The COVID-19 pandemic necessitated several health service policy changes to protect Medicaid beneficiaries from the virus and ensure access to vital medical services. As the state agency leader for Medicaid services, the West Virginia Department of Health and Human Resources, Bureau for Medical Services (BMS), wanted to understand the effectiveness of these policy changes. BMS contracted with the WVU Health Affairs Institute to conduct a comprehensive evaluation of these changes to understand the population health impact of the various policy changes.
Provide data-driven evidence to support the continued implementation or abolishment of policy changes enacted in response to the COVID-19 pandemic and guide the bureau’s response to future outbreaks.
One of the most notable policy changes during the pandemic was an expansion of telehealth services to ensure Medicaid recipients could receive health care without being exposed to the virus. The Health Affairs’ evaluation found that most Medicaid beneficiaries reported feeling comfortable using telehealth, thought it was an acceptable way to receive services, and would use it again in the future.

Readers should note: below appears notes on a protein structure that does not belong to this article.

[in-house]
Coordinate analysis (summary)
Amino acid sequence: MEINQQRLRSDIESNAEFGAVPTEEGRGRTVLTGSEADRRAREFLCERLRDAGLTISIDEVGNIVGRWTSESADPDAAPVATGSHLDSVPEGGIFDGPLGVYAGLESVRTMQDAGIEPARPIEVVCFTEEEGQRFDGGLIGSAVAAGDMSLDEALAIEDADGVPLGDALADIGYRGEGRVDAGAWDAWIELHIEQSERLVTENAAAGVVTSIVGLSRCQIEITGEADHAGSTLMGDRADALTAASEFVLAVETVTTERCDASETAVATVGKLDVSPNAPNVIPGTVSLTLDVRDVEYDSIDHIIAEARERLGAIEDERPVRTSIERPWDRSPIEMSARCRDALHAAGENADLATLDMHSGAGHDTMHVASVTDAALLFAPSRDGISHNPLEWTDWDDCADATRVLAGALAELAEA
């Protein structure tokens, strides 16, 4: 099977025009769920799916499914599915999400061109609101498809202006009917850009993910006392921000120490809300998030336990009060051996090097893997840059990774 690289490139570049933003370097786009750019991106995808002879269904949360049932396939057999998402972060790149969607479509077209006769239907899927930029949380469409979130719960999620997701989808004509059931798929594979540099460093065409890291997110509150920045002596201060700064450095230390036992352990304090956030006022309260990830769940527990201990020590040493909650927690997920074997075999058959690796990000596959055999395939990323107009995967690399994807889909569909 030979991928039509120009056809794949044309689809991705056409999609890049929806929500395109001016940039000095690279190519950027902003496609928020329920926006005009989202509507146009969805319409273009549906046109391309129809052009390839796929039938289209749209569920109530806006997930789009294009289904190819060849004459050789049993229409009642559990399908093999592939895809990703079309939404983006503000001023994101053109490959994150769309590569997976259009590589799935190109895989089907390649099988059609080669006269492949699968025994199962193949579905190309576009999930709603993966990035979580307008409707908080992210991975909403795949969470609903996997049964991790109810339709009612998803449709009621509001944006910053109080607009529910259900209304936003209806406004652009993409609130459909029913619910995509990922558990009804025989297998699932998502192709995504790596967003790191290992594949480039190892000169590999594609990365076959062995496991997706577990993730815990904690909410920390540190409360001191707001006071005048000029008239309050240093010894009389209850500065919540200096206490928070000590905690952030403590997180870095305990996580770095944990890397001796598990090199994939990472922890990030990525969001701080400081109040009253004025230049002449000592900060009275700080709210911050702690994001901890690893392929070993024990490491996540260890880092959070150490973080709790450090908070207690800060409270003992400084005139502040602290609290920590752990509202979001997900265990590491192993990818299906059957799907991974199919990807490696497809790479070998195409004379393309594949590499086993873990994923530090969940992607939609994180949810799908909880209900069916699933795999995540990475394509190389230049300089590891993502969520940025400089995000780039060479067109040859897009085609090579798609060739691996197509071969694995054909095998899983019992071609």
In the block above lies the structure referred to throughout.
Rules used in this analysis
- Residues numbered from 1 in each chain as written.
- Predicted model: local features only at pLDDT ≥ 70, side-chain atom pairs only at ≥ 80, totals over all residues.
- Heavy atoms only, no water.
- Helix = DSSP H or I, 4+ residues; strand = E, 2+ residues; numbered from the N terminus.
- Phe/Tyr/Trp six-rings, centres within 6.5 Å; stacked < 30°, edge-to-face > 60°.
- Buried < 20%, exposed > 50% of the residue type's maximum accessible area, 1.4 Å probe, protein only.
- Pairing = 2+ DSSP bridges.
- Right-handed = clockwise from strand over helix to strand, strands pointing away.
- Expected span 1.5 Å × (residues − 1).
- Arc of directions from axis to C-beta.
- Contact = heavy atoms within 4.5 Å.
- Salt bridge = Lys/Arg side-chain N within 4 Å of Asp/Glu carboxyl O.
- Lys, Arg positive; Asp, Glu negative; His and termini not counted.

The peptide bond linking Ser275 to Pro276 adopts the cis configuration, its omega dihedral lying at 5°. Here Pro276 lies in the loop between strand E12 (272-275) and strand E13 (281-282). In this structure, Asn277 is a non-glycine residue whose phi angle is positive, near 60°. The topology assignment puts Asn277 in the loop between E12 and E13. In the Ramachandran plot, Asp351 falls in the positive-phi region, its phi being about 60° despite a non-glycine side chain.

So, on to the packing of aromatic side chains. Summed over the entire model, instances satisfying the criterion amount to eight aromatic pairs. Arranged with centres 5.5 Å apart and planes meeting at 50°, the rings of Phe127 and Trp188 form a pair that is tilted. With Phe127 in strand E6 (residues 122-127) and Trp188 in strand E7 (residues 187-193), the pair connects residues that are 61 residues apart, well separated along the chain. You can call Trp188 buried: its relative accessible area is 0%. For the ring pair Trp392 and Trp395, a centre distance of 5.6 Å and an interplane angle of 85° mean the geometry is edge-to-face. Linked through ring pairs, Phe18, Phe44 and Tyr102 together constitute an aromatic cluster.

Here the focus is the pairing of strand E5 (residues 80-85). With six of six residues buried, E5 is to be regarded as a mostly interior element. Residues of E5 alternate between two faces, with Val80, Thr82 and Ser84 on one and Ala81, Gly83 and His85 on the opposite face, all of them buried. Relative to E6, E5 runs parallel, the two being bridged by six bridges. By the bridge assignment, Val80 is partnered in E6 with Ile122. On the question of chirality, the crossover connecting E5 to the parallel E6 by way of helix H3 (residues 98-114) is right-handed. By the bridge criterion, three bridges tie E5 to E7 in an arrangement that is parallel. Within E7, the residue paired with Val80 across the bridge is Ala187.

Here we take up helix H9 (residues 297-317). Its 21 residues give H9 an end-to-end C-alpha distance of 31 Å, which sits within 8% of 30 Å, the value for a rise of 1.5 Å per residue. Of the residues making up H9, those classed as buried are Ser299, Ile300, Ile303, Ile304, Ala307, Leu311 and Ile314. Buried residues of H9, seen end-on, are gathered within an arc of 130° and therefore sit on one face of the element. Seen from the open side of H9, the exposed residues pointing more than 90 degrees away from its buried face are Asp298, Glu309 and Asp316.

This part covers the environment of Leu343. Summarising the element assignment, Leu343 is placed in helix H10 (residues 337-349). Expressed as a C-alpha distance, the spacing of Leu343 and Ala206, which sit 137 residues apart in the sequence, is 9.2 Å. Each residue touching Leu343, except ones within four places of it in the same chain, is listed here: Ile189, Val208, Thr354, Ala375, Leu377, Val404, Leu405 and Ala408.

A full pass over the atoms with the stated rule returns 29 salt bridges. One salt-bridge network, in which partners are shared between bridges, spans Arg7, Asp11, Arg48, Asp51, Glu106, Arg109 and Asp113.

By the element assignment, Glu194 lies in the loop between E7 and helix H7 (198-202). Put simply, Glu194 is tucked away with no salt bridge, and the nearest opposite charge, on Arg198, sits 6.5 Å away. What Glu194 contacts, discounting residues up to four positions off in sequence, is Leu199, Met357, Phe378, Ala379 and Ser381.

Importantly, the expanded telehealth services associated with the policy change were heavily utilized by Medicaid beneficiaries for a wide array of health needs (substance use disorder (SUD) treatment, psychiatric visits, occupational therapy, and physical therapy); thereby ensuring access to critical health services for the Medicaid population. These findings will inform future pandemic response options for WV as well as telehealth service provision regulations.
- The use of telehealth for behavioral health services, including substance use disorder (SUD) treatment, psychiatric visits, occupational therapy, and physical therapy, sharply increased after policy implementation.
- Telehealth visits related to SUD and psychiatric health each were up more than 1,000 percent compared to pre-pandemic times.
- More than eight in 10 beneficiaries reported that they felt comfortable communicating with their healthcare providers using telehealth (85 percent); agreed that telehealth was an acceptable way to see a healthcare provider (83 percent); and indicated that they would use telehealth again in the future (82 percent).
- Medicaid recipients used more telehealth for follow-up care visits after policy implementation, peaking in the second quarter of 2020 (30 percent for established beneficiaries; 14 percent for new beneficiaries) before dropping to levels consistently higher than in pre-pandemic times. Follow-up visits for gastro-esophageal reflux disease and hypertension followed a similar trend.
- By waiving the Assertive Community Treatment in-person service delivery requirement and allowing telehealth options, ACT services increased. Telehealth also led to improved communication between ACT representatives and Medicaid beneficiaries.